American football is modern-day bullfighting. Athletes are killing themselves for fans’ entertainment and their teams’ profits. It’s not a secret that the majority of former NFL players have chronic traumatic encephalopathy (CTE) – brain degeneration from repeated head trauma, such as concussions and subconcussive hits.
I’d love to see the NFL shift from tackle football to flag football, and create a cascading effect through every level of play. Unfortunately, teams are making too much money off their players to make such a drastic change that could risk alienating their audience. From a business perspective, I understand their logic, but from a human perspective, I can’t wrap my brain around a sport where the risk of developing CTE doubles every 2.6 years that some plays contact football.
Fewer Athletes are Playing Football
While a top-down approach would have yielded fast results at all levels of play, what it appears we’re seeing is a bottom-up change in American football.
Even before the COVID pandemic, there was a 48% decline in the number of people playing tackle football in the U.S. between 2006 and 2018. These numbers include players ages 6 and over, so it’s not reflective of high school athletes; however, it supports the data that parents are more concerned about preventing concussions, so they’re less likely to allow their kids to play.
The latest survey from the National Federation of State High School Associations (NFHS) shows that the 2021-22 school year was the first time less than 1 million high school students in the U.S. participated in 11-player high school football. It’s encouraging to see that the number of people playing this dangerous game are decreasing.
High Schools Don’t Have Enough Players for a Football Team
At some high schools, the number of students who want to play football had decreased so much that the school doesn’t have enough players to have a team. The total number of high schools with an 11-player football team dropped from 14,247 to 13,733. It appears some of these school shifted to offering 6-, 8-, or 9-player football instead, but others dropped teams completely.
This past fall, there were multiple high schools that started their football season and had to cut the season short because they didn’t have enough players. Holland High School in Michigan ended its varsity football season after only 4 games. The roster was filled with sophomores when few upperclassmen went out for the team. When the coaches noticed the substantial different between their players’ size and skill development compared to their opponents, they shortened the football season due to the risk of injury.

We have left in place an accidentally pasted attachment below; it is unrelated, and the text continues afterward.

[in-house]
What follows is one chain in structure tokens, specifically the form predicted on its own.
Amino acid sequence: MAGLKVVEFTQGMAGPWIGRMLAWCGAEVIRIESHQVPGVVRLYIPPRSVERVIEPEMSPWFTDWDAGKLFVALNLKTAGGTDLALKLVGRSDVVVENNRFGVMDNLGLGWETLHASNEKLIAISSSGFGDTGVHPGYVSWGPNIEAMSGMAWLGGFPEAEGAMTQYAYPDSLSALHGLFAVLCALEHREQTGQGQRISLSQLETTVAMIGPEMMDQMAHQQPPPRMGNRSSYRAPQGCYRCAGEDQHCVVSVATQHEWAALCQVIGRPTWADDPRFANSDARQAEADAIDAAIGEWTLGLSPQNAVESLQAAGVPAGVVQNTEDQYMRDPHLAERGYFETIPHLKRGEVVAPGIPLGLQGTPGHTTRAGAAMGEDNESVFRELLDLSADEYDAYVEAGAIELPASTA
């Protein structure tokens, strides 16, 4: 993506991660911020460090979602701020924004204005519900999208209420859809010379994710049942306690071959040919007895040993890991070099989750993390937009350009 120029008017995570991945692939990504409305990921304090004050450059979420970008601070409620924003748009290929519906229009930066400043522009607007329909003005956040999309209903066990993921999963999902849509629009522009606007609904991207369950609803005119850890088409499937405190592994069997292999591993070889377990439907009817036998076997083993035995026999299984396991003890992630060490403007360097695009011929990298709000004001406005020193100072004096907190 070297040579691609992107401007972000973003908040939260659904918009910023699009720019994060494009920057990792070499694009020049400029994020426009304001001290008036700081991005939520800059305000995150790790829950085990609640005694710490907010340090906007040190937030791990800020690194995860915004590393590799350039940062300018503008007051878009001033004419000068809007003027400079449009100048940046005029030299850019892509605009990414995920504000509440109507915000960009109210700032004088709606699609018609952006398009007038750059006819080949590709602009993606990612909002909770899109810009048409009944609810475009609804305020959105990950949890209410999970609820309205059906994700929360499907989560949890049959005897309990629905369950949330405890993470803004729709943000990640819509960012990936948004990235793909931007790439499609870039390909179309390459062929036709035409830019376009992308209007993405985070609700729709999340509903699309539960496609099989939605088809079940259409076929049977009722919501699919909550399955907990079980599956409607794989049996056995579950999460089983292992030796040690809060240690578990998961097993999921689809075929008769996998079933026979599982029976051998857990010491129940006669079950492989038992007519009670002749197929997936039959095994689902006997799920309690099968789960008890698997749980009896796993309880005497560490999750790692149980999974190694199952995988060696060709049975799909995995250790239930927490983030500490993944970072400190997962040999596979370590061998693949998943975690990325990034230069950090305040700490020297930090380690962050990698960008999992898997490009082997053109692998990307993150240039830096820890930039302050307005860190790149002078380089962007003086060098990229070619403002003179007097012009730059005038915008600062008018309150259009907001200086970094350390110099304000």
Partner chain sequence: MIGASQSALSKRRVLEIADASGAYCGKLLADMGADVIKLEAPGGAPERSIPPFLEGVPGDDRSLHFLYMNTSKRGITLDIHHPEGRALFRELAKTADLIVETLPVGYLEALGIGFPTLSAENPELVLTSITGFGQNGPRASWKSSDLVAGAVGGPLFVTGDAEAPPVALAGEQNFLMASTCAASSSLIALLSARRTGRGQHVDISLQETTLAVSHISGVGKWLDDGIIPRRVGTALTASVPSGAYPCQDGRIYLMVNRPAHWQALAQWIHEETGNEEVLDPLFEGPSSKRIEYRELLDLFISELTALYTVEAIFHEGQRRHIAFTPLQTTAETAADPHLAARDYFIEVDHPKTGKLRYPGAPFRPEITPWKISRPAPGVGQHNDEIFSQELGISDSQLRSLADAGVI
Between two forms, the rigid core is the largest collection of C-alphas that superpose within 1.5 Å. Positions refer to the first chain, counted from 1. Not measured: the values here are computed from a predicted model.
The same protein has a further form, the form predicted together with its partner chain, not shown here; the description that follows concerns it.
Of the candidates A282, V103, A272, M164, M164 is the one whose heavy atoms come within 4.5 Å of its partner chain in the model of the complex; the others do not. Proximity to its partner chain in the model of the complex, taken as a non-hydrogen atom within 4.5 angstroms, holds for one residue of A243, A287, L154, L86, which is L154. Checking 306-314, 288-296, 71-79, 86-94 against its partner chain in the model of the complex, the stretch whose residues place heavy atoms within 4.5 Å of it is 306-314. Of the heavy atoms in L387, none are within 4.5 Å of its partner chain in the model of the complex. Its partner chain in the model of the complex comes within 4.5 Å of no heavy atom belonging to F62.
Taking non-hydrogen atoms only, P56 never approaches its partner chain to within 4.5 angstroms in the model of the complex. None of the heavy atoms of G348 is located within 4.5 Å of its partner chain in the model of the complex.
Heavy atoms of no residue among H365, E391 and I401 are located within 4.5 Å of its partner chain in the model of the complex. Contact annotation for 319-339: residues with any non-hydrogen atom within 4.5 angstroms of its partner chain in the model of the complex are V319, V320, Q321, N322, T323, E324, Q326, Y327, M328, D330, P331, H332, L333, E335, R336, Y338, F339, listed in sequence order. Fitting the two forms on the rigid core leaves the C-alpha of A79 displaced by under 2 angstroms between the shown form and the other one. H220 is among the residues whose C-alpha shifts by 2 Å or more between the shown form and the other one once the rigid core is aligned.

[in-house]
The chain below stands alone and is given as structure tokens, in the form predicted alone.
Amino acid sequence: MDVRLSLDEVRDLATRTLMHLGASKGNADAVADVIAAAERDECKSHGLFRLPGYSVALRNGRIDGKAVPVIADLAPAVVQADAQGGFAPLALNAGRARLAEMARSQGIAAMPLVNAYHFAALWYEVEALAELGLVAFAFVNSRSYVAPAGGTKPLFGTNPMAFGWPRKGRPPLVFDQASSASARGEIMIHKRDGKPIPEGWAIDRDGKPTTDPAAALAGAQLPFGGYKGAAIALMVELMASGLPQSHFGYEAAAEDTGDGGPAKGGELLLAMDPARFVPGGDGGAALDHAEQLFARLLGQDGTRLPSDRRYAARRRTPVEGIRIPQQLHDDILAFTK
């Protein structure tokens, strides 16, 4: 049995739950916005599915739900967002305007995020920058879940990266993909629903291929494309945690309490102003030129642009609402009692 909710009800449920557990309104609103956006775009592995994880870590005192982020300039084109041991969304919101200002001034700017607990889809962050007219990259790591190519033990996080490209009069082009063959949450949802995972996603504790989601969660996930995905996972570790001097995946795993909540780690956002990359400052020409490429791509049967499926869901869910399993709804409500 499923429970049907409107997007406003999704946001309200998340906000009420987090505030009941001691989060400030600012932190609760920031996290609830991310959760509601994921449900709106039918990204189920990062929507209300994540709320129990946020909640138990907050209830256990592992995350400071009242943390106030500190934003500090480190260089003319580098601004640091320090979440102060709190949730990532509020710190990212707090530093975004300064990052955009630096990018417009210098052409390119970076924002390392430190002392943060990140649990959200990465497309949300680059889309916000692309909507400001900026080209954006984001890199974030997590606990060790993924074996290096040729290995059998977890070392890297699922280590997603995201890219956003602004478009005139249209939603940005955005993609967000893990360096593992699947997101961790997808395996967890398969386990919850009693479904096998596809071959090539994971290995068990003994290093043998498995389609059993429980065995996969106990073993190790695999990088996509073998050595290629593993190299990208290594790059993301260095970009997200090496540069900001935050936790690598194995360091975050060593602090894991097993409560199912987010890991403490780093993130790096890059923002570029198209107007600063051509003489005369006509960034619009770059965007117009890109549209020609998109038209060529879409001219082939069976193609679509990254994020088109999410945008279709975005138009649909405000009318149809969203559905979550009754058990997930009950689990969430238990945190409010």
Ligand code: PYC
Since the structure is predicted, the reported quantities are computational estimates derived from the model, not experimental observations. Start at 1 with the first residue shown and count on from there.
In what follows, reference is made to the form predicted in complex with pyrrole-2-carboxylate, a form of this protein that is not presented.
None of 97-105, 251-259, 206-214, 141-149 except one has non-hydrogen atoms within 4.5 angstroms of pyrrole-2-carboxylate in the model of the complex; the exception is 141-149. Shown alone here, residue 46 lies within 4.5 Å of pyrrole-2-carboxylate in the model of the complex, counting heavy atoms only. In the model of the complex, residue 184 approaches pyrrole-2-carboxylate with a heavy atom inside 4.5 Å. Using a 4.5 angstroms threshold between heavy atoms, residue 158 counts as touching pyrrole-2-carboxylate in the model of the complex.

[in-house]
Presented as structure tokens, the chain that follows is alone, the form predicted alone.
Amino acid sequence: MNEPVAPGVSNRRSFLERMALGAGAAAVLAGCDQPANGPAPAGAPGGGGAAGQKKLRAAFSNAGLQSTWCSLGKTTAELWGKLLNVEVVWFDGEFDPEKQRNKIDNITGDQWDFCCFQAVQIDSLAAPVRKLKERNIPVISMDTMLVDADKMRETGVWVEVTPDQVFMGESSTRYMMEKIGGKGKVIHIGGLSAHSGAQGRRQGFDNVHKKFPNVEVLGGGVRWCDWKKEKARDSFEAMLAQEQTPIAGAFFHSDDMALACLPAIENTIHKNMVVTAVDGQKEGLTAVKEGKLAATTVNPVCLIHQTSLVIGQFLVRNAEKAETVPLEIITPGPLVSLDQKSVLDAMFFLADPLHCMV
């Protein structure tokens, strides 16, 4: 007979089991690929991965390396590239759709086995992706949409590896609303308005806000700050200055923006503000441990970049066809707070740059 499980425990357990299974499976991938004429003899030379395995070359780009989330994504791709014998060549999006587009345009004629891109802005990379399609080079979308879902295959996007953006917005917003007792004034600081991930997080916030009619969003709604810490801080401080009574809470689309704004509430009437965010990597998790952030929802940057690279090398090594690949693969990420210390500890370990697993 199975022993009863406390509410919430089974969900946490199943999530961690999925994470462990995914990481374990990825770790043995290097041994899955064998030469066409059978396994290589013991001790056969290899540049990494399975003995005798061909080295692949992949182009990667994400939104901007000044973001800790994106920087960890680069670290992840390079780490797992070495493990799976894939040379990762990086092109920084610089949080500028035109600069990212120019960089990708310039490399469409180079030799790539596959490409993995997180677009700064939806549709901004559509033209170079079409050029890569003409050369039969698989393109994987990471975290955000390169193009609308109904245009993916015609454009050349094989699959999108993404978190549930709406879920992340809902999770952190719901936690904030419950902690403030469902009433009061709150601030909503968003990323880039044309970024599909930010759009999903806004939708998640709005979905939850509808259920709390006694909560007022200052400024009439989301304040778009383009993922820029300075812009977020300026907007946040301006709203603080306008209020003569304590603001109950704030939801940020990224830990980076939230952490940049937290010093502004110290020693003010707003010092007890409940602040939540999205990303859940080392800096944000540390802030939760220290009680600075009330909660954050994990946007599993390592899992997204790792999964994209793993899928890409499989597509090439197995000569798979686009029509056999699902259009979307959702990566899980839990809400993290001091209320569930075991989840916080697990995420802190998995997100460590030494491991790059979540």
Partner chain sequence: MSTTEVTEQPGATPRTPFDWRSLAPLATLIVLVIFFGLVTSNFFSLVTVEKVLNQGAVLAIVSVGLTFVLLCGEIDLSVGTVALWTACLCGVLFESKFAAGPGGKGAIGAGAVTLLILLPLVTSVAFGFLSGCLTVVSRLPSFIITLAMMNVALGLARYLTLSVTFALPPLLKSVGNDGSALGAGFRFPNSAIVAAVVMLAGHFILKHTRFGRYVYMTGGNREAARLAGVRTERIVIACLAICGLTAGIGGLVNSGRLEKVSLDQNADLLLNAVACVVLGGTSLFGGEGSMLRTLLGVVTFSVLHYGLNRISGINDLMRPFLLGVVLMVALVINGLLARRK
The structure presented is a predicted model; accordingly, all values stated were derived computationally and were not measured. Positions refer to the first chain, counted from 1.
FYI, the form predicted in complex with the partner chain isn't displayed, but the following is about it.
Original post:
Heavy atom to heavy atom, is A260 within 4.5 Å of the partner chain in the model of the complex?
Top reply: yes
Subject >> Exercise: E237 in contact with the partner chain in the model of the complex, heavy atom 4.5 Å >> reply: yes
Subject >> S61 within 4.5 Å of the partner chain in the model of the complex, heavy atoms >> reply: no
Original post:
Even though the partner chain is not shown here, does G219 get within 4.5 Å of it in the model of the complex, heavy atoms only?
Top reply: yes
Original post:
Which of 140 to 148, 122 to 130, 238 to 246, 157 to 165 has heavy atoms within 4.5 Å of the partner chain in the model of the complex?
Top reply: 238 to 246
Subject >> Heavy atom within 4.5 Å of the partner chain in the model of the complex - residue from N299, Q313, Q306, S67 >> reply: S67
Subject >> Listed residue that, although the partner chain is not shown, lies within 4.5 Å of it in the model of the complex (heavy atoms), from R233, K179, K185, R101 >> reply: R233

Likewise, Bellevue High School in Ohio cancelled the remainder of its varsity football season due to a “limited number of healthy players.” There were only 20 players on the varsity team, 2 of which had suffered concussions, and the senior captain was playing while wearing a cast.
Alleman High School in Illinois has already cancelled its varsity football 2023 season due to low student participation. The varsity team had 30 players in fall 2022, including 10 graduating seniors. The school won’t have a varsity team in the fall due to their concern for the health and safety of the remaining players.
There may be additional factors that are contributing to decreased participation in high school football, such as the decrease in population of high-school-aged children, the decline in enrollment at rural high schools, budget constraints at schools, and players deciding that football isn’t worth their time if they don’t get much playing time.
Is Football Taking Advantage of the Disadvantaged?
Where high schoolers are more likely to continue to participate in football is in rural areas and where it’s culturally ingrained for youngsters to participate in tackle football. A study also found that black Americans and people will no more than a high school education were not as negative about tackle football compared to white people and people with a college education.
“For less-advantaged people, football is seen as one of the only ways they can get ahead in society, which may explain why they support it for kids.”
Reading this made me wonder if American football will turn into a sport where the educated and the wealthy won’t play, but rather take advantage of the fact that some people are willing to risk their brains and their lives in the hopes of creating a better future for themselves and their families. This prospect makes me sad, and a little sick.
Football Participation is Down But Viewership Isn’t
While people are not playing football as much, there doesn’t appear to be a decrease in people watching it. In the U.S. alone, 112 million people watched the Super Bowl in 2022.
As we’re seeing a decrease in the number of people playing tackle football in high school, I wonder if these people will be less likely to want to watch it as adults. I wonder if parents limiting their kids to only playing flag football as children will lead to a demand from fans to shift the NFL to flag football as well. While I would love this change to happen instantly, I suspect this type of shift will take generations to occur.
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